This year's annual State Department report on global terrorism was a wealth of good news for terror warriors. The number of terrorist attacks last year, according to the document, was the lowest since 1969. The number of attacks since 2001 had dipped by 45 percent.
The bad news is the numbers were too good to be true. On June 10, two months after the report's release, State Department officials admitted they had not cross-checked their statistics. Significant terrorist attacks-those involving death, injury, or kidnapping-actually reached a 20-year high in 2003, rising from 124 in 2001 to 169 in 2003. The faulty numbers were significant enough for Secretary of State Colin Powell himself to publicly take the heat. "I am not a happy camper over this," Mr. Powell told reporters June 13. "We were wrong."
In the midst of a war on terror, the State Department's lack of attention to the reporting process has mystified lawmakers. For a report mandated by Congress 20 years ago to craft counter-terrorism policy-and relied on by other countries-this was a searing failure.
Former State and CIA officials and terrorism experts plumbed the findings and said the department's totals didn't add up, even when they used the report's own statistical tables. Among the chief critics was Rep. Henry Waxman (D-Calif.), who wrote a May 17 letter to Mr. Powell complaining about the disparities.
Rep. Waxman cited Stanford and Princeton university researchers, who claimed major terror attacks increased from 124 in 2001 to 169 in 2003. The congressman's staff discovered that any plunge in the numbers came from "nonsignificant" attacks, which they said brought down the overall total.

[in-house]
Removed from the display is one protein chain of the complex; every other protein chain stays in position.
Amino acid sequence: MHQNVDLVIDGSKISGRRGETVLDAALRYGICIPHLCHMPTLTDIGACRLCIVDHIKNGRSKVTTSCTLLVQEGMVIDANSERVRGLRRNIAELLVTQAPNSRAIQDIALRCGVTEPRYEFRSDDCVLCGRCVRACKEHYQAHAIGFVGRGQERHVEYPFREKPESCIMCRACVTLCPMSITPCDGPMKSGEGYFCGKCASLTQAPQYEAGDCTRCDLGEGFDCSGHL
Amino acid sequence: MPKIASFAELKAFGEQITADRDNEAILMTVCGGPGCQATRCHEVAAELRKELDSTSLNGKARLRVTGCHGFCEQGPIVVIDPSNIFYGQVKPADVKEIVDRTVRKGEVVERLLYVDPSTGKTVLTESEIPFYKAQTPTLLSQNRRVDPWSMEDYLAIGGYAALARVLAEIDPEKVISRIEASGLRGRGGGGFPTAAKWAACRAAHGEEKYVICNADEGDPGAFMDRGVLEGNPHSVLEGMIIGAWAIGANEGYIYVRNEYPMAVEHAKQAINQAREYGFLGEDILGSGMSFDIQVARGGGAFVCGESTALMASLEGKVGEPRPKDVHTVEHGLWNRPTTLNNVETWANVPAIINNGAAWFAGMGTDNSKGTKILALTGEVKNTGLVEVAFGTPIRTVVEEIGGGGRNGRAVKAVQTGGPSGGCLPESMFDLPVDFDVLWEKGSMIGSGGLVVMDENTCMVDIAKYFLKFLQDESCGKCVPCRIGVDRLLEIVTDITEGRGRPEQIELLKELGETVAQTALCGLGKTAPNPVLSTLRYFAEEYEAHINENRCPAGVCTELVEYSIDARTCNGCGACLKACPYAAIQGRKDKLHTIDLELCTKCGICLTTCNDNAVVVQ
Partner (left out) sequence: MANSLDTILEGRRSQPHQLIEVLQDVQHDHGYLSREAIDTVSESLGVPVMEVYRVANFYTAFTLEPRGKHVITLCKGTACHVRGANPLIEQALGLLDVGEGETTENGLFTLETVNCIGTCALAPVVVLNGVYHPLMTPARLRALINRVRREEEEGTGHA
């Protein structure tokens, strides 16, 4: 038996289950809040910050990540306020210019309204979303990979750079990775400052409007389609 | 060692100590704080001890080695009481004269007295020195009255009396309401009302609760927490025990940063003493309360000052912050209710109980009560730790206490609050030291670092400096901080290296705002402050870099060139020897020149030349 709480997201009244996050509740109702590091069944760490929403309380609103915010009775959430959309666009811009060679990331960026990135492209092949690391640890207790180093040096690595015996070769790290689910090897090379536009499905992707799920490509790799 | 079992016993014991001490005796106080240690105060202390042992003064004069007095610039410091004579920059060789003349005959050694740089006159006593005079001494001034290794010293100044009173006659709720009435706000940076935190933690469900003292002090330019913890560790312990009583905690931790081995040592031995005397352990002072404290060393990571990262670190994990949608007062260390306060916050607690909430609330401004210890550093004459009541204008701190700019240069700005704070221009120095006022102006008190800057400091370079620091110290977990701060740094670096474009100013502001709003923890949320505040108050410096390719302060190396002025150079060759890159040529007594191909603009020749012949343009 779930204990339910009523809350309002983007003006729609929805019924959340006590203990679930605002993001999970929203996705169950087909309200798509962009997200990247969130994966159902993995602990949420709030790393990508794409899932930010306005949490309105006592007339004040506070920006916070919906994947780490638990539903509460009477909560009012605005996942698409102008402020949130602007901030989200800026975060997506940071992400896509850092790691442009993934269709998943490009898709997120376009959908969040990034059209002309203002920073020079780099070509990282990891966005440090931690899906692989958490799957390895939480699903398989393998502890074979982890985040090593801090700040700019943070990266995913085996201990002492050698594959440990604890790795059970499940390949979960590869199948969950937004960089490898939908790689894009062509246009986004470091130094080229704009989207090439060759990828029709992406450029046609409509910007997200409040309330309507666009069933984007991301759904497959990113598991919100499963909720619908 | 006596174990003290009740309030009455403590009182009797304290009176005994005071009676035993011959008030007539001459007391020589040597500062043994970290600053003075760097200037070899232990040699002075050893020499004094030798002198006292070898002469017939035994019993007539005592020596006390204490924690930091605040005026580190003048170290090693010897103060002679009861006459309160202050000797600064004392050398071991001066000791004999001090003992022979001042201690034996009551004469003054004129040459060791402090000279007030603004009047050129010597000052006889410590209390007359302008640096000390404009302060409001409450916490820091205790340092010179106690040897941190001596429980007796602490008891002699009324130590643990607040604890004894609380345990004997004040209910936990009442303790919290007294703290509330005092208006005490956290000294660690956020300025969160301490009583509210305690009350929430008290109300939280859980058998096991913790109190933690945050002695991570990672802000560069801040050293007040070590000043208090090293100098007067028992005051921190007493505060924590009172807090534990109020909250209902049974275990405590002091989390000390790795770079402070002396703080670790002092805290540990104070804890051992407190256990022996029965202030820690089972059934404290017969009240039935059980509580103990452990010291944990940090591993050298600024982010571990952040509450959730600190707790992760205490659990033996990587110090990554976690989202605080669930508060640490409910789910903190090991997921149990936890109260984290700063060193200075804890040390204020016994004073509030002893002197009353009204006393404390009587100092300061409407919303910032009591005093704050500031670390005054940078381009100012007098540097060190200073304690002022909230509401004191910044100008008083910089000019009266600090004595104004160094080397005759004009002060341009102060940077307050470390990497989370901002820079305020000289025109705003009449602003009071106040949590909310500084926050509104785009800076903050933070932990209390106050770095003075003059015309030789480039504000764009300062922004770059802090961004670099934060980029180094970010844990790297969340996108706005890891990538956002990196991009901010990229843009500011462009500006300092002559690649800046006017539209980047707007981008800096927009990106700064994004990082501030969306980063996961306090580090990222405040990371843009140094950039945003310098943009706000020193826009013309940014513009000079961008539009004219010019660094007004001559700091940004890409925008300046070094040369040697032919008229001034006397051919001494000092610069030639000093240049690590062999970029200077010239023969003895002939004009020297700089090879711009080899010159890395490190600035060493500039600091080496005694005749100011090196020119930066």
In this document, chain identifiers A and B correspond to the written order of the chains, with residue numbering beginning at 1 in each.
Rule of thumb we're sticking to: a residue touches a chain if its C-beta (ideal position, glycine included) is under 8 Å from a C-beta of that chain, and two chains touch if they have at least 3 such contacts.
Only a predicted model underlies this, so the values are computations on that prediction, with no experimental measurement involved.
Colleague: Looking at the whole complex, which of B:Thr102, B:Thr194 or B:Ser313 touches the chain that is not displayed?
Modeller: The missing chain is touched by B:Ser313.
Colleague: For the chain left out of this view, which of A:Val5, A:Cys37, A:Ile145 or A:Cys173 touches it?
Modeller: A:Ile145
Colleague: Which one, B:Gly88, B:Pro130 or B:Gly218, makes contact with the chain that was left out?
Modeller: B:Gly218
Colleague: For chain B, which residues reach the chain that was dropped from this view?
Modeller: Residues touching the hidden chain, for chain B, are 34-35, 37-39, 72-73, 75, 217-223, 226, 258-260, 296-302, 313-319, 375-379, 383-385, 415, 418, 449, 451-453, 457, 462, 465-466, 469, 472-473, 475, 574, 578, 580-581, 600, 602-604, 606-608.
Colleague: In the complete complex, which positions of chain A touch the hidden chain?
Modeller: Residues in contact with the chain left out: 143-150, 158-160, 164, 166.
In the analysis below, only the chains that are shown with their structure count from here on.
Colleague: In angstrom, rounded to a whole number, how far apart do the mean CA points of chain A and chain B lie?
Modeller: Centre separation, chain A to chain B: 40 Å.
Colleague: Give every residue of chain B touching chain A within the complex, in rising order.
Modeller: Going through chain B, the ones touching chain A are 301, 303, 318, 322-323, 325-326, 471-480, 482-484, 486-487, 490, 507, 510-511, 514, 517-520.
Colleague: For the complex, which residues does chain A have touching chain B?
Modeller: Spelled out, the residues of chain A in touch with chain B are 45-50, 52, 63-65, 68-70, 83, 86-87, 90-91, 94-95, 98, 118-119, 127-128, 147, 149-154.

But the terrorist attack total itself was low because compilers stopped counting incidents after Nov. 11, 2003. State officials said this was to meet printing deadlines for the report. But it meant large attacks were left out, such as the Istanbul bombings four days later that killed 61.
The State Department's counterterrorism office now says it will issue major corrections. Deaths and attacks will be "sharply up," but officials don't know how much, nor can they say exactly how the errors cropped up in the first place. Rep. Waxman has accused the Bush administration of massaging the data to buff its political image. Mr. Powell denies the charge, saying measuring the information in different ways from previous years probably caused the errors.
That may well be the case, according to Raphael Perl, a terrorism policy specialist with the Congressional Research Service. State used to rely on data from the CIA, he said. Last year the job shifted to the new Terrorism Threat Integration Center, which draws experts from the CIA, FBI, and Defense and Homeland Security departments.
But Mr. Perl worries that the report is too focused on numbers anyway. "There's a heavy emphasis on what we can call the Vietnam syndrome-the body-count mentality," he told WORLD. "Whether X number of people are killed is not necessarily the goal of the terrorists-they want to cause economic damage to society. It's an ideological battle."
Middle East expert Daniel Pipes criticized the report even in 2001. He says the State Department's number focus has politicized the report, making it seem like Latin America, not the Middle East, is the main source of terrorism. "It gives equal weight to the dozens if not hundreds of incidents in Colombia when a pipeline is blown up, as well as real terrorist attacks that kill people. It's a deeper problem than one year or one set of errors-it's a fundamentally flawed document."
Now that the State Department has acknowledged its statistical mistakes, the door to reappraising the whole report has cracked open. As the United States battles militant Islamists, accurately predicting terrorist trends can't come too soon. "The cost of making mistakes has gone much higher," Mr. Perl said. "It's the cost of making mistakes on our soil."